April 1 fell on a Wednesday this year. What does a guy who has built his brand on wearing a bow tie 6 days a week, especially on “Bow Tie Wednesday”, do when April Fool’s day falls on Wednesday?
He wears a regular necktie of course.
I woke up that morning and realized that it had been well over two years since the last time I wore a regular tie for an entire day.
I dug deep in the back of my closet, found a tie, pulled up a YouTube video to relearn how to tie it (yes, I had completely forgotten how to tie a necktie), and after some fumbling, got the thing around my neck with a decent looking knot. In my mind it was just another fun and silly April Fool’s joke.
I quickly realized how much I was underestimating the impact my decision would make.
My oldest daughter came out of her room, a sleepy haze still in her eyes, and gave me her usual morning smile. Then her expression changed. She rubbed her eyes and blinked a couple times.
Tears started to well up as she choked out the words, “Daddy, what’s wrong? Where’s your bow tie?” And the water works took over. I had to take off the tie just to get out of the house that morning. I brushed it off as an over the top reaction from a sensitive four-year-old who has no recollection of her dad in anything but a bow tie. Then I walked into Panera for a cup of coffee.
Barb Breeser, a good friend and mentor, was sitting in a side booth waiting for her first meeting of the day. I rounded the corner and greeted her. Her usual smile quickly disappeared as she noticed the tie.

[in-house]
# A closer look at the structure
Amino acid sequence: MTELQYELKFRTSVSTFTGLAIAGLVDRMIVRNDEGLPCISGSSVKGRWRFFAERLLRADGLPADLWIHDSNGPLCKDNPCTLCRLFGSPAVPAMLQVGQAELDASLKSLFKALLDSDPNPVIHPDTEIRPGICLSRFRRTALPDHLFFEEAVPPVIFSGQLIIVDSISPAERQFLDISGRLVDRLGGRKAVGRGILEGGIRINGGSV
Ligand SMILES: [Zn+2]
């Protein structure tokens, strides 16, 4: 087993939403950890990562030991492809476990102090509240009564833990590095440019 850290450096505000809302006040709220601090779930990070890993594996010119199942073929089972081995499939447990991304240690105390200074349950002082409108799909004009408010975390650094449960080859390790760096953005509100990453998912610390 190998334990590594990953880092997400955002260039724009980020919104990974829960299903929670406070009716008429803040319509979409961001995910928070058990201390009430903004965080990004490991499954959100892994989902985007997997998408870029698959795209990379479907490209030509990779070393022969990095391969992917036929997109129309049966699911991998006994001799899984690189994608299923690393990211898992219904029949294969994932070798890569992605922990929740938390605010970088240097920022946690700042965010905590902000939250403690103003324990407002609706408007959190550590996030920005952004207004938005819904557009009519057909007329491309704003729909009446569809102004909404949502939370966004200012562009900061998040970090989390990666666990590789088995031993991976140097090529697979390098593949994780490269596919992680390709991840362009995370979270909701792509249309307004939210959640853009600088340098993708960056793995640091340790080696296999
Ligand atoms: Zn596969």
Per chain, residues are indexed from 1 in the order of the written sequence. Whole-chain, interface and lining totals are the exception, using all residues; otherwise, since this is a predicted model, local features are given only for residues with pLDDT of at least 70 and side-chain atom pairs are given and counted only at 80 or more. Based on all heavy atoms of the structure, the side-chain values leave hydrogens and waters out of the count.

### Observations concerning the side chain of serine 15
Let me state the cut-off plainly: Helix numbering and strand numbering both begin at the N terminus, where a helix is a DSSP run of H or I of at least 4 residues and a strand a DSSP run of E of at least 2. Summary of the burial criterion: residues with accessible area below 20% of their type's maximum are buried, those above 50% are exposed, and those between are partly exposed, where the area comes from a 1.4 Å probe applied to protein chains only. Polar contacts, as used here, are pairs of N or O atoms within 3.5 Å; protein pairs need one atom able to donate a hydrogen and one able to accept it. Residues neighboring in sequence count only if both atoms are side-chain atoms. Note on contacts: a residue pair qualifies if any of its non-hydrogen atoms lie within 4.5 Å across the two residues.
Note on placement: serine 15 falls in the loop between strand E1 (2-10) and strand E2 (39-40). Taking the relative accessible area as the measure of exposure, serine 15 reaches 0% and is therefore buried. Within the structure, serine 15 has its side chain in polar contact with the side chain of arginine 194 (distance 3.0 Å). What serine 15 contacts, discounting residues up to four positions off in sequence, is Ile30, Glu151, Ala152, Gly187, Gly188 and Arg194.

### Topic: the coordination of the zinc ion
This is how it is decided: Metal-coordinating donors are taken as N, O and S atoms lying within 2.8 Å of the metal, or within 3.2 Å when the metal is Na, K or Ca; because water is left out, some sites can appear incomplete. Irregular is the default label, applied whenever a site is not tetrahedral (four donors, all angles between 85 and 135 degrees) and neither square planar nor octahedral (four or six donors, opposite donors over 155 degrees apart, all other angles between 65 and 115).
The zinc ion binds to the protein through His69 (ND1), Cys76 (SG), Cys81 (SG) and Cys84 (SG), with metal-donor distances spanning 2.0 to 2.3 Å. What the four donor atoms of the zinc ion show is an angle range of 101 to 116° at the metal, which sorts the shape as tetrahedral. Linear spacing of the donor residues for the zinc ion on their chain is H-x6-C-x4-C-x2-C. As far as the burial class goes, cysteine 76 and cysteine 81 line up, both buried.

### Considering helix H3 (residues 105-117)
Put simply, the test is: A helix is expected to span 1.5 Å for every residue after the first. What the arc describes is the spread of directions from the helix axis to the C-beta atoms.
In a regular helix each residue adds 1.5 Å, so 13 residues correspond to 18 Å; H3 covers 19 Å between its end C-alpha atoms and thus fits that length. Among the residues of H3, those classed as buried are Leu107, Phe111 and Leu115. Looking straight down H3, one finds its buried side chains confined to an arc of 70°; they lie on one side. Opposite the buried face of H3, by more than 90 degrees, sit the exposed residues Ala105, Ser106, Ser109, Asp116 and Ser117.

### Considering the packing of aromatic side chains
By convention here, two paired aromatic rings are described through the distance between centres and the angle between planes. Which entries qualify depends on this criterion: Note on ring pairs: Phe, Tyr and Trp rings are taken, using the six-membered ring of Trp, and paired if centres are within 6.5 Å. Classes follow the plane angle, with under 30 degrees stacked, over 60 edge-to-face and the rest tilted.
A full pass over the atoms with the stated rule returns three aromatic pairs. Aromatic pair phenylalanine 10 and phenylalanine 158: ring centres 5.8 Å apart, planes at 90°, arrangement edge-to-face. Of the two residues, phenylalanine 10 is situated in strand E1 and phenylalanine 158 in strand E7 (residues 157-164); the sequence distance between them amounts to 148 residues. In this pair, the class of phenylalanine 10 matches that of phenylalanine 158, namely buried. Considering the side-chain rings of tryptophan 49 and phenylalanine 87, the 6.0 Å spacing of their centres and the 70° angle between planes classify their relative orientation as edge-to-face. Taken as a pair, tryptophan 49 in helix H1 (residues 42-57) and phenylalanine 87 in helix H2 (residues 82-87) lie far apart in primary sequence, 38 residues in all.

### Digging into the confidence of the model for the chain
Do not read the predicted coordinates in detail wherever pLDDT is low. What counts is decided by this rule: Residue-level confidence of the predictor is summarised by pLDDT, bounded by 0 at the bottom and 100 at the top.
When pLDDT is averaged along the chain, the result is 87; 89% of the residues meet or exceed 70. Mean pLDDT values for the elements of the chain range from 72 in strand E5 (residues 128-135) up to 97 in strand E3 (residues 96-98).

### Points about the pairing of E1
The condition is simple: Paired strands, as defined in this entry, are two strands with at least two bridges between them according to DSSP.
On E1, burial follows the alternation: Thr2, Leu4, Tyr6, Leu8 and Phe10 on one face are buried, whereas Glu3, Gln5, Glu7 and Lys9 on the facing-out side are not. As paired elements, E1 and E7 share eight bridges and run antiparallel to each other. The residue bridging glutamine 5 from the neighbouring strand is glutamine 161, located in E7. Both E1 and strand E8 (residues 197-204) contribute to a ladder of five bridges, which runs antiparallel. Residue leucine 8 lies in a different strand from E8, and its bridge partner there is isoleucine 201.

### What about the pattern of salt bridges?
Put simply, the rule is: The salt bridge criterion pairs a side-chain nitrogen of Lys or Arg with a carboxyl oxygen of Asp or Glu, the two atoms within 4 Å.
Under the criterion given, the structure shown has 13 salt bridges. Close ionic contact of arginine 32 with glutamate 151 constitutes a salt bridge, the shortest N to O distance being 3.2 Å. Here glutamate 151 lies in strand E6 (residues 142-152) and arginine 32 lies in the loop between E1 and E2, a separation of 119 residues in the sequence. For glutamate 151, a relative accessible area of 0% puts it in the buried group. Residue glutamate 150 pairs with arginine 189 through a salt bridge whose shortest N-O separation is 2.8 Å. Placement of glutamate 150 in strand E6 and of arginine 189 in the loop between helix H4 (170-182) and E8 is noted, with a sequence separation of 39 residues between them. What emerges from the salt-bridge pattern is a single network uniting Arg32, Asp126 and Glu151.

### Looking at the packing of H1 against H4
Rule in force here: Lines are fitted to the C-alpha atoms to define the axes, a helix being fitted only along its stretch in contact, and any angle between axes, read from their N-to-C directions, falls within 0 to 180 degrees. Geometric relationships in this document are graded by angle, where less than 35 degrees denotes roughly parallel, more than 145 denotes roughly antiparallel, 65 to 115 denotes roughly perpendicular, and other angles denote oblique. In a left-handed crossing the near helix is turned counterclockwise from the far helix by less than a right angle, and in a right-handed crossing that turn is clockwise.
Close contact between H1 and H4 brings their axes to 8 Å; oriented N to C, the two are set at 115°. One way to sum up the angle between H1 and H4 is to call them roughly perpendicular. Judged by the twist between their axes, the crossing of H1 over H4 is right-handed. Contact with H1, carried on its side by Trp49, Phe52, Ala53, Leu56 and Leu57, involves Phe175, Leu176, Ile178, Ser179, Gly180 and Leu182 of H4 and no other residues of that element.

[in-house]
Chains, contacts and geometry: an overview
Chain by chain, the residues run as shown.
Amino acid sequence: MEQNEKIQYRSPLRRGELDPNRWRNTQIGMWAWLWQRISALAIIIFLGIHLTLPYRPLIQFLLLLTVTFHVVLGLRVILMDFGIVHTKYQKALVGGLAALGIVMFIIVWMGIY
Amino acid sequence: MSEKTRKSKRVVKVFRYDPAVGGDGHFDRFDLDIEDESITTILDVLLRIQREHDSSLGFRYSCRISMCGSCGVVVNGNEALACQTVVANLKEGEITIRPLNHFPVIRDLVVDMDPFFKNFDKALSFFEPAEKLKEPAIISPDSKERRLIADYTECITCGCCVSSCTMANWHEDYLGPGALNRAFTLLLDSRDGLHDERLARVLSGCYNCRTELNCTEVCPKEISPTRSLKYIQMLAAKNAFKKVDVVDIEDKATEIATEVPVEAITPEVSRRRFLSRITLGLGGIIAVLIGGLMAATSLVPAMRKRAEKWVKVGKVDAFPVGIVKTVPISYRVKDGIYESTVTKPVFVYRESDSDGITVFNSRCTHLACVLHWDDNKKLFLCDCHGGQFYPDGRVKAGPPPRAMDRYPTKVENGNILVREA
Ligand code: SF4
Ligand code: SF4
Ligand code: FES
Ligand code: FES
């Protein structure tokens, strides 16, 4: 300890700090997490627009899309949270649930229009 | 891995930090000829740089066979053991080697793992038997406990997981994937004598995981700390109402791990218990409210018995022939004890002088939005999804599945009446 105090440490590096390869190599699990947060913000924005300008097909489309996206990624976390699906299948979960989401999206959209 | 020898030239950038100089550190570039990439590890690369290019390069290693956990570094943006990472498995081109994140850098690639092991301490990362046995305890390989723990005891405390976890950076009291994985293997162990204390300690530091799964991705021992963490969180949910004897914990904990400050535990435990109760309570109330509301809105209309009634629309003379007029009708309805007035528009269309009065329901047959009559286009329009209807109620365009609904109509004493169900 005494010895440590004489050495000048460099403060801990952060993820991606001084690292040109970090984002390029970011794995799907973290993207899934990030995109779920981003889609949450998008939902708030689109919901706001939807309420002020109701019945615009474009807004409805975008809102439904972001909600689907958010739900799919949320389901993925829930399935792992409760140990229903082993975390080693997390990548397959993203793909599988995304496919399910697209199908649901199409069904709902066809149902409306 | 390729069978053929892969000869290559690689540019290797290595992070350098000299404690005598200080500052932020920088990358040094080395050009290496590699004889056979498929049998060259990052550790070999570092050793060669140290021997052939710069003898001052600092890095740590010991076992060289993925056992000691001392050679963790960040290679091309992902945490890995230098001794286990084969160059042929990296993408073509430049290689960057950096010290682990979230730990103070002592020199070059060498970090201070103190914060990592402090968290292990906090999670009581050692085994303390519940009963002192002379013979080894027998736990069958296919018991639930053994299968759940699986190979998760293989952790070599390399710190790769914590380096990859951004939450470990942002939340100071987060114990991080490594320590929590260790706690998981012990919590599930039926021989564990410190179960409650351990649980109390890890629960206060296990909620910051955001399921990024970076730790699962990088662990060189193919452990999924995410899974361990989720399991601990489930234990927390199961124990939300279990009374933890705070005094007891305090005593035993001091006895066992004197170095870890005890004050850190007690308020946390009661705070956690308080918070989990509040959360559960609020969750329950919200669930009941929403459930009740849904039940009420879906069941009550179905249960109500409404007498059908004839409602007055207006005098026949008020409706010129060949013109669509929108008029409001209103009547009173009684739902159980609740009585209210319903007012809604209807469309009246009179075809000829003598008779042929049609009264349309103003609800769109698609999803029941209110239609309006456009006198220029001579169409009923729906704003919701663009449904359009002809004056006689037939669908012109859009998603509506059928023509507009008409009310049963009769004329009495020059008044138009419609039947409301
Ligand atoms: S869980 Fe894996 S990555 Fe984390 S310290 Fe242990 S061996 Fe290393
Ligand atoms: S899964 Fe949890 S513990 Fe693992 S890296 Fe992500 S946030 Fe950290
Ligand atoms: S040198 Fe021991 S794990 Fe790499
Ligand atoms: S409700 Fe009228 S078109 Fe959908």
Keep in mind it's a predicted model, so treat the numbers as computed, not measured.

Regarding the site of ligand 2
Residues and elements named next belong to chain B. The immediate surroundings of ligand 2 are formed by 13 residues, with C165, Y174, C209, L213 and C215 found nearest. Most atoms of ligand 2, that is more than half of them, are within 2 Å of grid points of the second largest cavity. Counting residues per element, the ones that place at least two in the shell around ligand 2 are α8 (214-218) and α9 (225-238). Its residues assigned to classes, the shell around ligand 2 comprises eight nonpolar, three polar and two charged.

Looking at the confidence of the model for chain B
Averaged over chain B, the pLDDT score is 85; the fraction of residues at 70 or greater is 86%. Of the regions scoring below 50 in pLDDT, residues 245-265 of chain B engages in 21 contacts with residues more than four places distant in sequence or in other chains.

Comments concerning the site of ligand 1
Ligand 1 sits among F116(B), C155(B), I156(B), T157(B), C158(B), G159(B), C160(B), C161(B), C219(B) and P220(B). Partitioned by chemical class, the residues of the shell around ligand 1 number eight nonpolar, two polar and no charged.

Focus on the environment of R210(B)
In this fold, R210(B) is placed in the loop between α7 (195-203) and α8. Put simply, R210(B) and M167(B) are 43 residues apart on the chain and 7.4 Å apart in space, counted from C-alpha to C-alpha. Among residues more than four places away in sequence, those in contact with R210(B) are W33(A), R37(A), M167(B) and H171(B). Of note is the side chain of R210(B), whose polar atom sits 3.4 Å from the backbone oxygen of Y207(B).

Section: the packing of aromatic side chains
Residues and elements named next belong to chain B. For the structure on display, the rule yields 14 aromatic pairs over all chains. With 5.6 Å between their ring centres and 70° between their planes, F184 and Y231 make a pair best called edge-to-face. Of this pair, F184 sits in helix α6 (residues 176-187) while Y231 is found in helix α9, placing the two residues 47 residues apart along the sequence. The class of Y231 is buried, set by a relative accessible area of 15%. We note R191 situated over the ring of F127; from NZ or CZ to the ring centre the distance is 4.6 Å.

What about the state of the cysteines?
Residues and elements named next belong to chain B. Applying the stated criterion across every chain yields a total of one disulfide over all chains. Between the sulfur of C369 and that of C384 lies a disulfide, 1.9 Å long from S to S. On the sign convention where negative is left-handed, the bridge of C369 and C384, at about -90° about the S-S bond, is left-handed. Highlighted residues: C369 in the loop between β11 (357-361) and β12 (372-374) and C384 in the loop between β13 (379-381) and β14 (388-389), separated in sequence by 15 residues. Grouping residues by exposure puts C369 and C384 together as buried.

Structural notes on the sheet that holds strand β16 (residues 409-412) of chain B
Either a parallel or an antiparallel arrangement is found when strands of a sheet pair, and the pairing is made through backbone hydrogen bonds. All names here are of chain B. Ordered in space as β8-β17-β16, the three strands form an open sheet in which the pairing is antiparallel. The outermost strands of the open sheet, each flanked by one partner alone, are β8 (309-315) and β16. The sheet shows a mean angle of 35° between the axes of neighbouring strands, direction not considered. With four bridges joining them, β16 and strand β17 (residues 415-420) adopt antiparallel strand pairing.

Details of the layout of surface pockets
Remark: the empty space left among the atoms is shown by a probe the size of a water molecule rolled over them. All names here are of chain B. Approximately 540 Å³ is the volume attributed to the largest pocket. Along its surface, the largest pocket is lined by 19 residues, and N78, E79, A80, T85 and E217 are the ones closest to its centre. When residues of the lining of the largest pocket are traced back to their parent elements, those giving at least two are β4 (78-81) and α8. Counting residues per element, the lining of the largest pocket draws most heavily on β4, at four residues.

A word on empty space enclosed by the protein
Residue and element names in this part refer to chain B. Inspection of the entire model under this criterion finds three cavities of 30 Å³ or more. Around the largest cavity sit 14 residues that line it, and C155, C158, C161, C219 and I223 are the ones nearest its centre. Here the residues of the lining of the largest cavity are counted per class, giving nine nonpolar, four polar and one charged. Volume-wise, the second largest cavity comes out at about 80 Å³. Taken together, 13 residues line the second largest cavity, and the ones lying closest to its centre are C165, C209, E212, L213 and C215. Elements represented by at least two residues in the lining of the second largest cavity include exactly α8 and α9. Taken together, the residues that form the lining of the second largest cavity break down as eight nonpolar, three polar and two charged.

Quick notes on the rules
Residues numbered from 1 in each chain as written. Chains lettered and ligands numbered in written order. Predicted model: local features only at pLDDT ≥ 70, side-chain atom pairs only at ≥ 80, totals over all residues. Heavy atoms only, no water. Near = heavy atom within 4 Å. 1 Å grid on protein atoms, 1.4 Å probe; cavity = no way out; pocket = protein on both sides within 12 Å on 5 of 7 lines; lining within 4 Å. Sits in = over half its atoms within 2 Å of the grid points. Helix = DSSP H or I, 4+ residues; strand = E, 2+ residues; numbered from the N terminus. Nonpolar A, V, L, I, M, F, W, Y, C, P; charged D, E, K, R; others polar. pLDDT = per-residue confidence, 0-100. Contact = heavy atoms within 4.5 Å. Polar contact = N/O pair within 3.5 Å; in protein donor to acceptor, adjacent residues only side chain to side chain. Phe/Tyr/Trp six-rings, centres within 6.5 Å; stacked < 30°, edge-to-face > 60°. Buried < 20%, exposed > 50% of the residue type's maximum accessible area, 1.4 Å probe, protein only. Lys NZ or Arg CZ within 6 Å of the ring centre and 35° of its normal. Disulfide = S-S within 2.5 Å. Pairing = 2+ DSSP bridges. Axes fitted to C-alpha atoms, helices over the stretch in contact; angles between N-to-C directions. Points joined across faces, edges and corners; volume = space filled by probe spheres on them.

“What are you doing?” she asked, the tone indicating the shock that had overcome her. I explained my April Fool’s day ruse.
She grabbed her phone and asked if she could take a picture for Facebook. I can still hear her words, “This is genius Danny. It’s going to blow up, just wait and see.” She posted the picture and my feed immediately began to react.
Reactions varied from anger, to surprise, to shock, to everything in between. A couple people asked if this was a sign of the approaching Armageddon. Others, who realized what day it was, congratulated me on a job well done. But it didn’t stop with social media.
People reacted everywhere I went that day, during meetings, on the street, and in my office. The necktie was so far from what people usually expected to see that they had to call me on it.
This is the power of your personal brand and the expectations you set. We all have a personal brand thanks to the power of technology and communication. Once that brand has been established, through consistent behavior and creating perceptions, it’s very hard to go against it.
People get upset when they see a change or something that counters the established brand. They question it and try to justify the change. They are not afraid to voice their concerns and demand action be taken to rectify the conflict the change creates.
This is why it is so essential to really think about the message you are conveying, and how it relates to your brand, whenever you’re engaging with people.
The other insight I took from wearing a regular tie for a day is that changing a brand is hard.
Really hard. It’s uncomfortable and, at times, annoying. The tie kept getting in my way.
It fell in my lunch plate, sat awkwardly on my desk while I was working, and got caught in my coat zipper. By the end of the day I just wanted to take the thing off because I was tired of dealing with the hassle. I walked in my house that night, tie undone, and vowed that it would be a long time before I ever wore a neck tie again.
The next morning I put on my normal bow tie. My daughter smiled and hugged me. “Welcome back daddy, I like your bow tie.” Next time, I’ll give her reaction a little more consideration.
- Danny Beyer is the Director of Salss and Marketing for Kabel Business Services and author of The Ties that Bind: Networking with Style. He is also a professional speaker on networking.